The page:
Gut microbiome therapies show promise for treating autism
Therapies that target the gut microbiome through diet, prebiotics, probiotics, antibiotics or fecal microbiota transplantation could effectively treat autism spectrum disorders, but finding a “cheap and effective treatment” requires better designed and larger studies, according to researchers who reviewed more than 150 studies published since the 1960s.
While it is well established that gastrointestinal symptoms like diarrhea, constipation and flatulence are common comorbidities in patients with autism spectrum disorders (ASD), the underlying mechanisms remain poorly understood, investigators wrote. Accumulating evidence shows that the gut–brain axis may contribute to the development of ASD, they added, supporting the role of the gut microbiome in brain function and the view of the enteric nervous system as a “second brain.” In particular, they noted that increased intestinal permeability, or “leaky gut,” appears to be a fundamental underlying factor in patients with ASD.
“ASD is likely to be a result of both genetic and environmental factors [including] the overuse of antibiotics in babies, maternal obesity and diabetes during pregnancy, how a baby is delivered and how long it is breastfed. All of these can affect the balance of bacteria in an infant’s gut, so [they] are risk factors for ASD,” Qinrui Li, PhD, of the department of pediatrics at Peking University First Hospital in Beijing, China, said in a press release.
There are currently no effective therapies for ASD, but strategies to modulate the gut microbiota show potential for children with ASD, according to Li and colleagues.
“Efforts to restore the gut microbiota to that of a healthy person has been shown to be really effective,” Li said in the release. “Our review looked at taking probiotics, prebiotics, changing the diet — for example, to gluten- and casein-free diets — and fecal matter transplants. All had a positive impact on symptoms,” ranging from increased sociability, reduced repetitive behavior, and improved social communication.
The idea behind prebiotics and probiotics in ASD is that they may help regulate intestinal barrier function, the investigators wrote. While probiotics have been shown to normalize the gut microbiota and improve GI symptoms, there is less evidence for prebiotics.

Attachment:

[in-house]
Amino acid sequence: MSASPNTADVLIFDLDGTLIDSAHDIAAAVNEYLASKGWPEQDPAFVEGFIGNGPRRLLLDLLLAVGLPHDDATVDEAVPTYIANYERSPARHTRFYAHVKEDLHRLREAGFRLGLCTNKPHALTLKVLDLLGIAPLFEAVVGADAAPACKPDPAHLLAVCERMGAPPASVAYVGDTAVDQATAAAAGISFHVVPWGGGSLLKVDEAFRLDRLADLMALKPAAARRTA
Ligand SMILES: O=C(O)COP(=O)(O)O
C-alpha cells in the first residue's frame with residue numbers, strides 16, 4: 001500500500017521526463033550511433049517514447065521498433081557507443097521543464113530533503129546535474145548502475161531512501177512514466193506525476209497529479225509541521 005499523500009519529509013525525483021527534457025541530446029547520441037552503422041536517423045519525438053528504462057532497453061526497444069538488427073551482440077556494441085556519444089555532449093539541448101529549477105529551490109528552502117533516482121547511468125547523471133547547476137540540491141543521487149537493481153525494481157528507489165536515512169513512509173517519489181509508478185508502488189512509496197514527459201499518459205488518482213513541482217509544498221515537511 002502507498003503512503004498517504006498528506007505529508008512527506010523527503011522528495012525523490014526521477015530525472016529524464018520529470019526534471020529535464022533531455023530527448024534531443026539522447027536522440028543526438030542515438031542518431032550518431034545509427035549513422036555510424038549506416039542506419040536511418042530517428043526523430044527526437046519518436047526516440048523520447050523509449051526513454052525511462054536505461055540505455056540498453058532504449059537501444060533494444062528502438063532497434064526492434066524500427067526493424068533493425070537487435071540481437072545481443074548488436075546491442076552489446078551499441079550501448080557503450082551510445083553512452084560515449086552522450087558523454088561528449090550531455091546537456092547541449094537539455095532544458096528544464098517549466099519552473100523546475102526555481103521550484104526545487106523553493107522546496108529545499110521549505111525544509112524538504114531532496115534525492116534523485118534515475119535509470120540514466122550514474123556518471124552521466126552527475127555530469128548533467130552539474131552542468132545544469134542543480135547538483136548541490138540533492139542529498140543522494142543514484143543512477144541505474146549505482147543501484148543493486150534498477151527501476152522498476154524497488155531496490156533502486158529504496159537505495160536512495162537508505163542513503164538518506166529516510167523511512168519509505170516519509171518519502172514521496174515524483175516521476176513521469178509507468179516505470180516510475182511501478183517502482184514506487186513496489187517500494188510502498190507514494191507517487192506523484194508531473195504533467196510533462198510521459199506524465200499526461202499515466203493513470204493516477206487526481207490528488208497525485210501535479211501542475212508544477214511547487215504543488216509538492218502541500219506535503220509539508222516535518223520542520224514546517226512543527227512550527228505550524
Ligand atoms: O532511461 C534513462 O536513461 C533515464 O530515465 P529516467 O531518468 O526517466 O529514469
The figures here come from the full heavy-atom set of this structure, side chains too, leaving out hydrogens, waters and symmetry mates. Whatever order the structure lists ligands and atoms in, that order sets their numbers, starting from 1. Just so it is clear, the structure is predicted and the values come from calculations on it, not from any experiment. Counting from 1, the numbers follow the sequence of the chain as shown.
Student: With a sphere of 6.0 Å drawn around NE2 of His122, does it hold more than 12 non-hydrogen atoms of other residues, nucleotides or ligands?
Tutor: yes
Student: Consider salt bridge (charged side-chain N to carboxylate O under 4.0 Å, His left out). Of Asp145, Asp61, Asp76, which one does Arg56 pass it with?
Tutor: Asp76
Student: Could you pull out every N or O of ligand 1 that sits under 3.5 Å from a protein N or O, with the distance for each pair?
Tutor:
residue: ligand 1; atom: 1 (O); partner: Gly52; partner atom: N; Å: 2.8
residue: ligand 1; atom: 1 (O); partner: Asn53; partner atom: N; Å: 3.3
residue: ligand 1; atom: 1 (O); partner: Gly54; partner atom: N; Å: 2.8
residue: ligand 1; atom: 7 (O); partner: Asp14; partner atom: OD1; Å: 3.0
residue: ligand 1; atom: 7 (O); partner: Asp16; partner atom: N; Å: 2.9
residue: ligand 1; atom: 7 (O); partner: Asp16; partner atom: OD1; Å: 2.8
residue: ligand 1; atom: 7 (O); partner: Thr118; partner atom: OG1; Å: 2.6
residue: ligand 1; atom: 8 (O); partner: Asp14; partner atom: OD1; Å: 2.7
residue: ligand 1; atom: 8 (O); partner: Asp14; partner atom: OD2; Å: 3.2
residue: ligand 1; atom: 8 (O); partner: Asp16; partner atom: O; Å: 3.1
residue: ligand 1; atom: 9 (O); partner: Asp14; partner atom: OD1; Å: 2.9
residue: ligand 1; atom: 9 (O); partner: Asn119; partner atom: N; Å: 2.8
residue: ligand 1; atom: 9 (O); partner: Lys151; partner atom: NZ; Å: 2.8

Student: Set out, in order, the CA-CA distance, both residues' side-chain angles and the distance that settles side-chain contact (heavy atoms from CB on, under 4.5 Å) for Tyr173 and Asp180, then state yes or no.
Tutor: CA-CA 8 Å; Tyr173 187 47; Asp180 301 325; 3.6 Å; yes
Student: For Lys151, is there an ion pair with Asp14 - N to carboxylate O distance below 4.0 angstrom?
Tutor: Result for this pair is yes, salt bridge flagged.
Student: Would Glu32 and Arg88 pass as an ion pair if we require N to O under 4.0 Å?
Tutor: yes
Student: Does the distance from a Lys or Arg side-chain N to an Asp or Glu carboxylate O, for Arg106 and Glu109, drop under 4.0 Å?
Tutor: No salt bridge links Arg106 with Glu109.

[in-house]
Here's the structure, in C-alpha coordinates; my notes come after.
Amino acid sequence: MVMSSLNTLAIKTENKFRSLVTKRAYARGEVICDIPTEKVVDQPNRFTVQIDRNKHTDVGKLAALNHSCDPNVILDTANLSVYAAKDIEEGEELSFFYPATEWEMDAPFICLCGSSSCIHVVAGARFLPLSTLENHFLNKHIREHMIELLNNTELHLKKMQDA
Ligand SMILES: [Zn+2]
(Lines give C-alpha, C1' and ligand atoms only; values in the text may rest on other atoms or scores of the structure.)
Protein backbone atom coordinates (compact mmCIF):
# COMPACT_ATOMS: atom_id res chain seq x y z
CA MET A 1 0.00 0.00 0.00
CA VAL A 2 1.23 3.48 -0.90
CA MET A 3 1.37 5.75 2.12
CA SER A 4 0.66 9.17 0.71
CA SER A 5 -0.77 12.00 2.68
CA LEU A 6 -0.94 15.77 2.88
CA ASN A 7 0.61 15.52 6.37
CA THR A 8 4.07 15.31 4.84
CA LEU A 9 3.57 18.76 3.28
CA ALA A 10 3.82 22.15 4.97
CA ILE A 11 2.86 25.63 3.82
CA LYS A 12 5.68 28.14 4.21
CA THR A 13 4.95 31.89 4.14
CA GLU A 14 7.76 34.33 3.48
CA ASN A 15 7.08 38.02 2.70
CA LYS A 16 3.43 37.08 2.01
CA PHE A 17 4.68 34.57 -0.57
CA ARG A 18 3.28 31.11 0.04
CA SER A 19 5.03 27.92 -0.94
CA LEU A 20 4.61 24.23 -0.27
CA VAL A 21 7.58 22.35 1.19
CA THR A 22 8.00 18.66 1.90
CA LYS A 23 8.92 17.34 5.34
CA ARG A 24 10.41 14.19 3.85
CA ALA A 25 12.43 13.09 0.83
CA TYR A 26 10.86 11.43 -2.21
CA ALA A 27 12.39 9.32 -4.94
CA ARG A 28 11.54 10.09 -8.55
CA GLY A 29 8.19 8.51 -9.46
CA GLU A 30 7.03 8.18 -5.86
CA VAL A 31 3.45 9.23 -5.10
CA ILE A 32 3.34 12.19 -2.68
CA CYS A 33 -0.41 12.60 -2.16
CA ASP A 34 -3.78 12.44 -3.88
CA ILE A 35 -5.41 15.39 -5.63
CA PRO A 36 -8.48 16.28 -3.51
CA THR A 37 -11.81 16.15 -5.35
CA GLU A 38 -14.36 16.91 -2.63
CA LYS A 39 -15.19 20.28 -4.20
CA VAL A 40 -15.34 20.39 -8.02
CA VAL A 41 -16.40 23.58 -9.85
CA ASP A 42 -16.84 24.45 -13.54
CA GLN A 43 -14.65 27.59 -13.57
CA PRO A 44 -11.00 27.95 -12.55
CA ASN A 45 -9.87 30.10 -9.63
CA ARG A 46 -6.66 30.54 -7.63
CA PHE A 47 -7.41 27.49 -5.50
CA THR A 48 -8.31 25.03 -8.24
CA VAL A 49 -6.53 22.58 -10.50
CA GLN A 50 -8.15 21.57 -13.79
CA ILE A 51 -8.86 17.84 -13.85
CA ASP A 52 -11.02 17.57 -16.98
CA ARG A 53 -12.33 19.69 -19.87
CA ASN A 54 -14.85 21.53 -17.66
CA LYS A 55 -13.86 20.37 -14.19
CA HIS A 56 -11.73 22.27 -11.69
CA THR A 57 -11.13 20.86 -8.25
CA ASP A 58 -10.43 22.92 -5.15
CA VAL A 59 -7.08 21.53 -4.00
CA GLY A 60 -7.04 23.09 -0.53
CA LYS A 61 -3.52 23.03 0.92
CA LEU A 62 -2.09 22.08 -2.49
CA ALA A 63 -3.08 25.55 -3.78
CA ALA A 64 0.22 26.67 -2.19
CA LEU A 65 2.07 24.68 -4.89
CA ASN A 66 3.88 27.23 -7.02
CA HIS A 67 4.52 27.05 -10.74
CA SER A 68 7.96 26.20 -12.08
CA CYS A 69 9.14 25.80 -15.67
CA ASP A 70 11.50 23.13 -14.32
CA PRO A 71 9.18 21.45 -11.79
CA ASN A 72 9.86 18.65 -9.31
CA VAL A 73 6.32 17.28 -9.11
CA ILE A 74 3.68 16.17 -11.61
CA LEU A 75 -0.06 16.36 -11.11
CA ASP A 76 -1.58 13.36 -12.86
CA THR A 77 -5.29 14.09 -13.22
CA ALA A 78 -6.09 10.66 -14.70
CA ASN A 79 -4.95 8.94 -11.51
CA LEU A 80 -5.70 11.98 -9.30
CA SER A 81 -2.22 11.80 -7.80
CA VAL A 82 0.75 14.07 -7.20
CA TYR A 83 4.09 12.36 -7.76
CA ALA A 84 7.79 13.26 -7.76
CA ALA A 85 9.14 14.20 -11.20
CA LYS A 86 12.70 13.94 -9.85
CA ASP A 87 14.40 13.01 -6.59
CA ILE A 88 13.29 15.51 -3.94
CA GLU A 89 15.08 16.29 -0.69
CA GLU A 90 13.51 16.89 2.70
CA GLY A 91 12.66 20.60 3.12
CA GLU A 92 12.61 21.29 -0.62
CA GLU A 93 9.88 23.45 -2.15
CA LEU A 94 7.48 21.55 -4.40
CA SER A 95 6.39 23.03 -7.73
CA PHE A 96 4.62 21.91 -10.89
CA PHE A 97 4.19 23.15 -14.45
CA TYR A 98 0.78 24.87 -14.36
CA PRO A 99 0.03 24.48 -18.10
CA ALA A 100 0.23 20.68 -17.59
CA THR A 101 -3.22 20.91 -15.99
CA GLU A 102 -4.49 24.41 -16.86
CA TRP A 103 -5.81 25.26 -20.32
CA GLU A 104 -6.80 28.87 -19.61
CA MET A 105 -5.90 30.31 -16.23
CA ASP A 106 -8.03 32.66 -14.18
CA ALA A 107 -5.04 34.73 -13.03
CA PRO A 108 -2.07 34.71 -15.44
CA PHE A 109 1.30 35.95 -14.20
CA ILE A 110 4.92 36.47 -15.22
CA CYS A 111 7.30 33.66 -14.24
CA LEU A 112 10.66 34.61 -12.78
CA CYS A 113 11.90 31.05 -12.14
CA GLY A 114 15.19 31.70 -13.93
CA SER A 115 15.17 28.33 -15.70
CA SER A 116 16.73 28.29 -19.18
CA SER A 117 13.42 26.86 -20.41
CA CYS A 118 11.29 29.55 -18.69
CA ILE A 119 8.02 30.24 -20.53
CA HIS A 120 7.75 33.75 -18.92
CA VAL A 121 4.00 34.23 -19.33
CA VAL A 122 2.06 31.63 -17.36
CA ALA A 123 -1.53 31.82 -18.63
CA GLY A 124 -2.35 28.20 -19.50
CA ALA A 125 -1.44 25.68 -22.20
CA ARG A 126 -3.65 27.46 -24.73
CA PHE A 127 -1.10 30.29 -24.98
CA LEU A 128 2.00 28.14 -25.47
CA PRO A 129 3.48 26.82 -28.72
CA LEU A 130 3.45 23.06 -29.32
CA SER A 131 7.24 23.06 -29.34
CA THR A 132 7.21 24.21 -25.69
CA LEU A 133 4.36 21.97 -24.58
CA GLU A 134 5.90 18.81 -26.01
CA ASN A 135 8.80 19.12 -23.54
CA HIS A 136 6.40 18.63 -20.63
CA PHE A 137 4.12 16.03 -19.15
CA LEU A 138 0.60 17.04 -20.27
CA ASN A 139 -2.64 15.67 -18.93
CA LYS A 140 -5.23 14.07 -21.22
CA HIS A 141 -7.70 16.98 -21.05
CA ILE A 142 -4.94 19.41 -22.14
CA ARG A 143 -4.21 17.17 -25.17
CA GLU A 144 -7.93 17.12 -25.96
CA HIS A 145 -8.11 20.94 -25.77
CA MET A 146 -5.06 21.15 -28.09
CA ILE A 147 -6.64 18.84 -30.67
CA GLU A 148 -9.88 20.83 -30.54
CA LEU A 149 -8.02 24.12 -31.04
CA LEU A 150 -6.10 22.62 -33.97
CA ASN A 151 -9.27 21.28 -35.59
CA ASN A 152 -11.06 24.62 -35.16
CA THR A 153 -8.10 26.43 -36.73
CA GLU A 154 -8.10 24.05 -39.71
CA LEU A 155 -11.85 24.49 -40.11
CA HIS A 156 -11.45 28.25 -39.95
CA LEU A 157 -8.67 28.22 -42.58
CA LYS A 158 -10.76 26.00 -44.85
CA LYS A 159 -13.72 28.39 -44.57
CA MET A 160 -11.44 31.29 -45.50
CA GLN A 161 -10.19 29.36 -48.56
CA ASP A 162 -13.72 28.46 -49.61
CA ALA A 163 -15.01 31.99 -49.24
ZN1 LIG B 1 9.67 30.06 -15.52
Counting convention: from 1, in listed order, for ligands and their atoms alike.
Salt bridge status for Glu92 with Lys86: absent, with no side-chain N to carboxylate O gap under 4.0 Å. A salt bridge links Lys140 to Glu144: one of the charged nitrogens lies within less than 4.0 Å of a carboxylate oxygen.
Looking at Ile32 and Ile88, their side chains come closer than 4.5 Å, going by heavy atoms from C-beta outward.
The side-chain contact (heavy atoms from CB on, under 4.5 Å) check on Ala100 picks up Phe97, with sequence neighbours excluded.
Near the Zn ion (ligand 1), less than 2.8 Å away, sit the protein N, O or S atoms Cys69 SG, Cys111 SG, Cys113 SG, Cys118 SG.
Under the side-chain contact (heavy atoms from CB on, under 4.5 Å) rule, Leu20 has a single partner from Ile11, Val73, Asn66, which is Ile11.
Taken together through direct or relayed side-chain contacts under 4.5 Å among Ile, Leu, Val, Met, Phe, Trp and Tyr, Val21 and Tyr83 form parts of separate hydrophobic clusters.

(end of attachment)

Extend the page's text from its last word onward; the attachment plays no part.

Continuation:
Li and colleagues cited several small studies showing probiotics can improve GI and psychological symptoms, including a cohort study showing children with ASD had improved “ability to follow directions” after receiving probiotics for 2 months, and a case study showing 4 weeks of VSL#3 (VSL Pharmaceuticals) improved autistic core symptoms in a child with ASD. However, they concluded that large randomized controlled trials are lacking, and noted that a clinical study of probiotics in 100 preschoolers with ASD is currently ongoing.
Fecal microbiota transplantation
The investigators highlighted data supporting the high efficacy of FMT for Clostridium difficile infection, and the speculation that FMT can normalize the gut microbiota in patients with inflammatory bowel disease and irritable bowel syndrome. “Thus, researchers are increasingly interested in using FMT to treat children with ASD. However, the safety of FMT should be considered,” they wrote.
They cited one open-label clinical trial of microbiota transfer therapy, “a modified FMT protocol comprising 14 days of antibiotic treatment followed by bowel cleansing and the administration of a high initial dose of standardized human gut microbiota ... for 7-8 weeks.” In the study, this intervention normalized the gut microbiota, and improved GI symptoms and ASD-related symptoms in 18 children with ASD.
The rationale behind dietary therapies in children with ASD surrounds their likelihood of rejecting certain foods, thereby ingesting “fewer fruits, vegetables, and proteins” and “a significantly lower daily intake of potassium, copper, folate, and calcium,” which can influence the gut microbiota composition.
Li and colleagues cited one open-label trial that showed patients with ASD who were treated with omega-3 fatty acids for 12 weeks had significant improvements in social behaviors, but noted another recent study showed high-dose omega-3 supplements did not affect children with ASD.
Other studies have shown gluten-free and/or casein-free diets improved ASD behaviors, psychological symptoms and social behaviors, and the ketogenic diet showed improvements in an ASD animal model.
In terms of modulating the gut microbiome using antibiotics, Li and colleagues cited one study that showed children with regressive-onset autism who were treated with vancomycin had improved GI and ASD symptoms, and a randomized controlled trial that showed 3 months of treatment with levocarnitine improved ASD symptoms in children.
More research needed
Despite the recent clinical studies showing gut microbiome-targeted therapies can improve ASD symptoms, the researchers noted that these studies are scarce and small, and that larger clinical trials are necessary.
“We are encouraged by our findings, but there is no doubt that further work needs to be carried out in this field,” Li said in the press release. “We need more well-designed and larger-scale studies to support our theory. For now, behavioral therapies remain the best way to treat ASD. We would hope that our review leads to research on the link between the gut microbiota and ASD, and eventually a cheap and effective treatment.” – by Adam Leitenberger
Disclosures: The researchers report no relevant financial disclosures.